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With the fuselage plugs forward of the wing, would this mean the engines are closer to CG, therefore no need for MCAS?

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It looks like the 737 MAX 10 will also have MCAS:

The Boeing MAX 10 will contain an upgraded version of a flight handling system that has been seen as a key factor in both crashes involving casualties of 346 people.

The mechanism - the Maneuvering Characteristics Augmentation System (MCAS) - has been tweaked to give the pilot more control. But regulators, including the Federal Aviation Administration (FAA), have yet to sign off on the changes.

"I'm honoured to take this aeroplane on its first flight and show the world what you've put your heart and soul into," 737 chief pilot Jennifer Henderson told the employees gathered for the debut of the first 737 MAX 10 at the company's Renton, Washington factory.

(aviationpros.com, emphasis mine)

As far as I could find, there is no official statement from Boeing on this. They only say

MCAS, or Maneuvering Characteristics Augmentation System, is a flight control law implemented on the 737 MAX to provide consistent aircraft handling characteristics at elevated angles of attack in certain unusual flight conditions only.

(boeing.com)

without distinguishing between the different variants. Their 737 MAX 10 page does not include any details on MCAS.

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The fuselage length is immaterial. The problem of the Max series relates to the positions of the engines versus the wing, and their aerodynamic interference near the at high alpha. The amount of fuselage ahead of the wing or behind the wing is not a major factor here.

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The MAX 10 fuselage is also lengthened behind the wing:

In October 2016, Boeing's board of directors granted authority to offer the stretched variant with two extra fuselage sections forward and aft with a 3,100 nautical miles (3,600 mi; 5,700 km) range reduced from 3,300 nautical miles (3,800 mi; 6,100 km) of the -9.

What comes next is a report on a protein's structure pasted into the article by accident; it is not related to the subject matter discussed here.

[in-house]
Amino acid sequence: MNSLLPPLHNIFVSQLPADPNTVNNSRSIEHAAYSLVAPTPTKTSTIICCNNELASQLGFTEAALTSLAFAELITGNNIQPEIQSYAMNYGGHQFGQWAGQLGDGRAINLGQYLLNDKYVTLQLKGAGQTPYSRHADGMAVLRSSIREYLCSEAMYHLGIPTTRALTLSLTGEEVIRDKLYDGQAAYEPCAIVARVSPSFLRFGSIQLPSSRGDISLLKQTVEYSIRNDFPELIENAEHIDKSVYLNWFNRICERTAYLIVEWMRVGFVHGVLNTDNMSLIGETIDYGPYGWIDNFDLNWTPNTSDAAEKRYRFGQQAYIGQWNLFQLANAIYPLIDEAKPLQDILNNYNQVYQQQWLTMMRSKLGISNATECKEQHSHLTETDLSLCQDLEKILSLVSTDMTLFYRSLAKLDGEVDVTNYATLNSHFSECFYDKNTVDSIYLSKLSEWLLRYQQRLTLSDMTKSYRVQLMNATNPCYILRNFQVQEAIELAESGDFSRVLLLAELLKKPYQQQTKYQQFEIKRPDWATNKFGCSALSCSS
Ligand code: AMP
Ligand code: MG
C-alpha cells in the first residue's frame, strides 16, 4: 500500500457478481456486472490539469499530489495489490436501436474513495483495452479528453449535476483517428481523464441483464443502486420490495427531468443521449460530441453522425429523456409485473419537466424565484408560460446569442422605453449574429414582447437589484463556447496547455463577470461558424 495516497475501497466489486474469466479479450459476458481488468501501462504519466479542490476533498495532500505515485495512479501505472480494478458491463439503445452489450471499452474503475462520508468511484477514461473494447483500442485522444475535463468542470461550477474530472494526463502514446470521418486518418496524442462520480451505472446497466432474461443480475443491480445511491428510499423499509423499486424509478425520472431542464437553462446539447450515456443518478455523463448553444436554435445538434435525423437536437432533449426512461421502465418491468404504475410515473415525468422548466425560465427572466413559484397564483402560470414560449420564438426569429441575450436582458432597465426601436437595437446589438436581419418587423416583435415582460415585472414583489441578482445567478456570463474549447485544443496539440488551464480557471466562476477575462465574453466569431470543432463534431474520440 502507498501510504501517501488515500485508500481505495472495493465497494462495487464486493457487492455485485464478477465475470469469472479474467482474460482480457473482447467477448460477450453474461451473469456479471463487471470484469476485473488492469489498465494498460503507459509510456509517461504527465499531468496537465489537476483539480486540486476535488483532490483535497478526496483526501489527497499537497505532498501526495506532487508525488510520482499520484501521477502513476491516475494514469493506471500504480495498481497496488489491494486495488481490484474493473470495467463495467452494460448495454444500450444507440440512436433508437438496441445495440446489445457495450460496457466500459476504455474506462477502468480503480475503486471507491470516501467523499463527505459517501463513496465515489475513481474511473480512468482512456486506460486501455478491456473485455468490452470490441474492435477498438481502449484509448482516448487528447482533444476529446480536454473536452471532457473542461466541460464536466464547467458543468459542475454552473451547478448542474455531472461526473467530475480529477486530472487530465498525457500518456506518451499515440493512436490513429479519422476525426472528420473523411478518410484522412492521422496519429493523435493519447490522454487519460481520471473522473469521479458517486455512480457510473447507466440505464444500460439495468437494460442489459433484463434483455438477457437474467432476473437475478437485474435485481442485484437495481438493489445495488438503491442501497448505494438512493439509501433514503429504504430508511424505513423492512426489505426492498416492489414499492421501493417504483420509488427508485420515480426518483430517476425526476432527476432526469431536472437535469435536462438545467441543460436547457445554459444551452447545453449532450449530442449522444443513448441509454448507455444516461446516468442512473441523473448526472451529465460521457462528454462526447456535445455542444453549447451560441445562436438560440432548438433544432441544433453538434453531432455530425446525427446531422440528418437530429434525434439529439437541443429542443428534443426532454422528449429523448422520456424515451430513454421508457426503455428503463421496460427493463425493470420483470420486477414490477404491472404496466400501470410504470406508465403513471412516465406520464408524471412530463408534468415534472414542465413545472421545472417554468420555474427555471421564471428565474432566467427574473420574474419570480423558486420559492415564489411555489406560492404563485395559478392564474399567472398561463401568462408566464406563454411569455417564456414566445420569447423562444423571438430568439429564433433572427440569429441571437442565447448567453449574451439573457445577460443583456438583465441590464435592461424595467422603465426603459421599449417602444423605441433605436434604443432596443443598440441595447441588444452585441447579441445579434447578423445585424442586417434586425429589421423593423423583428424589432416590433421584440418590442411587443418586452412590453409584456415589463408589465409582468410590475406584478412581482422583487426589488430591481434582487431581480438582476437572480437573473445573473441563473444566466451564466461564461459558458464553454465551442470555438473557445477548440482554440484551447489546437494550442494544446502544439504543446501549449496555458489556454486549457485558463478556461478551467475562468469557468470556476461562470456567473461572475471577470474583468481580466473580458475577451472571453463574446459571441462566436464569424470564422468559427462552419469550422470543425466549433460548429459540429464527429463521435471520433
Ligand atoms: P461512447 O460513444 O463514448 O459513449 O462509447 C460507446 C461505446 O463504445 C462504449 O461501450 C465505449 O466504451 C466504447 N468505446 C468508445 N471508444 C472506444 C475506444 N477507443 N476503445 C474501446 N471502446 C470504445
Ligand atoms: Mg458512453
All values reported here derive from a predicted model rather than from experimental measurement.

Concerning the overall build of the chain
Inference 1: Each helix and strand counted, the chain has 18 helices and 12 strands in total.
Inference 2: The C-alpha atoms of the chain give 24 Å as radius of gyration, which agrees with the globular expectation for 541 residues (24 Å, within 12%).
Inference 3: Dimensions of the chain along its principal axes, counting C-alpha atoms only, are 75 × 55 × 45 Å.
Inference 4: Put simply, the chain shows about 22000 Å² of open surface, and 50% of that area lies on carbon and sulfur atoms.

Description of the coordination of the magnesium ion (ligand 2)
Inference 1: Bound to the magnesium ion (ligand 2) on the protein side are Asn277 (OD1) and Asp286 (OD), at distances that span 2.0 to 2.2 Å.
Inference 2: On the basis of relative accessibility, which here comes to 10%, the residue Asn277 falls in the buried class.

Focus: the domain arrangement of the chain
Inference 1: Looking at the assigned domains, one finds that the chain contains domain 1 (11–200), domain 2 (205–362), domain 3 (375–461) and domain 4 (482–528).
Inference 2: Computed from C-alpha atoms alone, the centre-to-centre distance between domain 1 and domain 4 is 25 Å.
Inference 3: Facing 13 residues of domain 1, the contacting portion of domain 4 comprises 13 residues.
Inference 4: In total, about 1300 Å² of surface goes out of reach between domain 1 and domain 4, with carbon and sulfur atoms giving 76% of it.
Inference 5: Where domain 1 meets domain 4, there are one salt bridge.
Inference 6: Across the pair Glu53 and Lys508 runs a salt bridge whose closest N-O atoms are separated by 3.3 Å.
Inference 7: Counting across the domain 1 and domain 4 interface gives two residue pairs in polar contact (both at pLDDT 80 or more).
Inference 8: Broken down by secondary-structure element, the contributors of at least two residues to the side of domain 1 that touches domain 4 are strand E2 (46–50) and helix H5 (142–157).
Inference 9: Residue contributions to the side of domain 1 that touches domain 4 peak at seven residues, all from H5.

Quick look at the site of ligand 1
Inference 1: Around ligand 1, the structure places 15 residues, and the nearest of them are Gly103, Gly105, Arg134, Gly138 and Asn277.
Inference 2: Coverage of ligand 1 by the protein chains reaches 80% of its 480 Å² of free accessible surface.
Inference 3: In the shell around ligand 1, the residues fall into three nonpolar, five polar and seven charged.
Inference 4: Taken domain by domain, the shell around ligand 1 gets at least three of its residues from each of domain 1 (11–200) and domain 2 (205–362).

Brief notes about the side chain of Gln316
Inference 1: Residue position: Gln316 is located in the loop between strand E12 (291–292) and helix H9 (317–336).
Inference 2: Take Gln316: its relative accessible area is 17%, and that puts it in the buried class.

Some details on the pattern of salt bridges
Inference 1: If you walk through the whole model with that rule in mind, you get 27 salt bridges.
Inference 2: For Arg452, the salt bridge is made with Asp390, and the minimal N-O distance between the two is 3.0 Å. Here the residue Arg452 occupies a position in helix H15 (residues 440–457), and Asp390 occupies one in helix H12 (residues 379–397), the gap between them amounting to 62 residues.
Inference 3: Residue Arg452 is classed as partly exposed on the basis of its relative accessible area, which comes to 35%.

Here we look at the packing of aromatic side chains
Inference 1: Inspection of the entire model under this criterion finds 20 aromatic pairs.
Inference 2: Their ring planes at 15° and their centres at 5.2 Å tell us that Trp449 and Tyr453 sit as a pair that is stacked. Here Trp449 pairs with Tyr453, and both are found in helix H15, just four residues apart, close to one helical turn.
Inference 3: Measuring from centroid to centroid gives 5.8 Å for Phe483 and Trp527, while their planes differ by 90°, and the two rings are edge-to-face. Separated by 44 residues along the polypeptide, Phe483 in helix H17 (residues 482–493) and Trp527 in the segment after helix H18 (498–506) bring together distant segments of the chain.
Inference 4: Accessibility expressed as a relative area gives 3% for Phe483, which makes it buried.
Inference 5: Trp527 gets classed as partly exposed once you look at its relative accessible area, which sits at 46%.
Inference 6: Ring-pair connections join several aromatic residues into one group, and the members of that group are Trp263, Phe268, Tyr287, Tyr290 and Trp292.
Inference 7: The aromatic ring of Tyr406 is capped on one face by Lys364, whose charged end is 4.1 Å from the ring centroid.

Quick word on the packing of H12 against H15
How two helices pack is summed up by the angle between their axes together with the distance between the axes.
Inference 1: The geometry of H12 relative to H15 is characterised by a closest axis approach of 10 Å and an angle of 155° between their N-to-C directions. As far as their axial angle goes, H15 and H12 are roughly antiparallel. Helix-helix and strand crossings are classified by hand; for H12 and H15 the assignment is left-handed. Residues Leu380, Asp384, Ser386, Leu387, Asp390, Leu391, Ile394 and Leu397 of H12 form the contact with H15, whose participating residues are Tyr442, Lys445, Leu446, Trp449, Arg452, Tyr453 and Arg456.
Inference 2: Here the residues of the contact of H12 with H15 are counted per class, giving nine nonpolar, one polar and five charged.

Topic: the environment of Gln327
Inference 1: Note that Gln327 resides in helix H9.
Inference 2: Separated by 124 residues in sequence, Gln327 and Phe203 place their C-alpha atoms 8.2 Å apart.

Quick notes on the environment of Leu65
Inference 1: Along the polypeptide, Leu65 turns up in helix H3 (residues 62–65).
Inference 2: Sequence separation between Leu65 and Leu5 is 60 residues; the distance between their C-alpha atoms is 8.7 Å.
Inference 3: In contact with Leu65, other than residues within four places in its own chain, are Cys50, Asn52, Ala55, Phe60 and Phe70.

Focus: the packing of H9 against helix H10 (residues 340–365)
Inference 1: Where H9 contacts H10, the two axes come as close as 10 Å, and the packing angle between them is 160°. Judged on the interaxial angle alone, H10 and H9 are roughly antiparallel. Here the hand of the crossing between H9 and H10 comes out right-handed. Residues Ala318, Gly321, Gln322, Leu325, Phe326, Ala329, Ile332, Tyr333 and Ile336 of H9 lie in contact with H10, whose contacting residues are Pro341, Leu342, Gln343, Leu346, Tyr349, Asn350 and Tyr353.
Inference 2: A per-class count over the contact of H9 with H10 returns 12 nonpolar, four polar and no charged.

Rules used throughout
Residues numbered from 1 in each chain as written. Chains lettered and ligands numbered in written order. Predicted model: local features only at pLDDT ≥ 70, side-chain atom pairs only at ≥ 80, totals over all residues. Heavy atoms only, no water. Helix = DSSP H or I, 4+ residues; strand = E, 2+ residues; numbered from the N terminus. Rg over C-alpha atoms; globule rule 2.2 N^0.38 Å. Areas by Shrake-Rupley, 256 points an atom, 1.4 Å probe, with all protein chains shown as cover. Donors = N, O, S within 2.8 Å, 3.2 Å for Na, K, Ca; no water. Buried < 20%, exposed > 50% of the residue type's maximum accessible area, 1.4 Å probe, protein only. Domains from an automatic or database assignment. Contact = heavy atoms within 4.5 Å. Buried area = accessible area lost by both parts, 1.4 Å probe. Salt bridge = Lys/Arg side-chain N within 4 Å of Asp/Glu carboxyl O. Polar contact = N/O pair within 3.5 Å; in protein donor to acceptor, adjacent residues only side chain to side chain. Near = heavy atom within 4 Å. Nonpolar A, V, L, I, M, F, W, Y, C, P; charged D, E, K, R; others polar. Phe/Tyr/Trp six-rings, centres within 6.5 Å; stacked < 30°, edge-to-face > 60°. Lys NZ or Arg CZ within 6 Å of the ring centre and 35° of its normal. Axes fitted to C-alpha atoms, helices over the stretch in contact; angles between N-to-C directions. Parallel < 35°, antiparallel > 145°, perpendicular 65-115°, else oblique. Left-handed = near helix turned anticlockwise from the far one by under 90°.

Wikipedia: Boeing 737 MAX 10

Basically the center of gravity of MAX 7,8,9 and 10 is in the same location (range) in respect to the wing, or mean aerodynamic chord (MAC) of the wing to be more precise. As the engines are essentially the same in all MAX variants, and so is the location of them, the engine location from CoG is pretty much precisely the same.

The need for MCAS cannot be solely determined by CoG of MAX 10, as the longer fuselage may have some other effect on stability, but my personal guess is, some kind of maneuvering augmentation is necessary.

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    $\begingroup$ Wasn’t the entire point of MCAS to make the aircraft “feel” like the NG? Due to the engine configuration they had “easier stick forces” and therefore needed MCAS, so if the engines are not placed forward and up, then there’s no need for it? $\endgroup$ – George Clooney In a Mooney Jan 4 '20 at 11:06
  • $\begingroup$ But the engines on all MAX versions are "forward and up" @Firefighter1 $\endgroup$ – Jpe61 Jan 4 '20 at 11:29
  • $\begingroup$ i apologize, thanks for that. If the Max 10 is the Max 9 with a longer fuselage, wouldn’t that cross out the engine configuration? Doesn’t the new landing gear have a role in this as well? $\endgroup$ – George Clooney In a Mooney Jan 4 '20 at 13:25
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    $\begingroup$ @Firefighter1 The new landing gear has no effect on engine location. It could have, but Bojong didn't want to invest in designing a new engine mount just for MAX 10. To be fair, that's understandable, saving on MCAS was not. $\endgroup$ – Jpe61 Jan 4 '20 at 22:52
  • $\begingroup$ wouldn't the longer fuselage mean that the proportional difference between cg and engine location is less? $\endgroup$ – Abdullah Jul 10 '20 at 11:34

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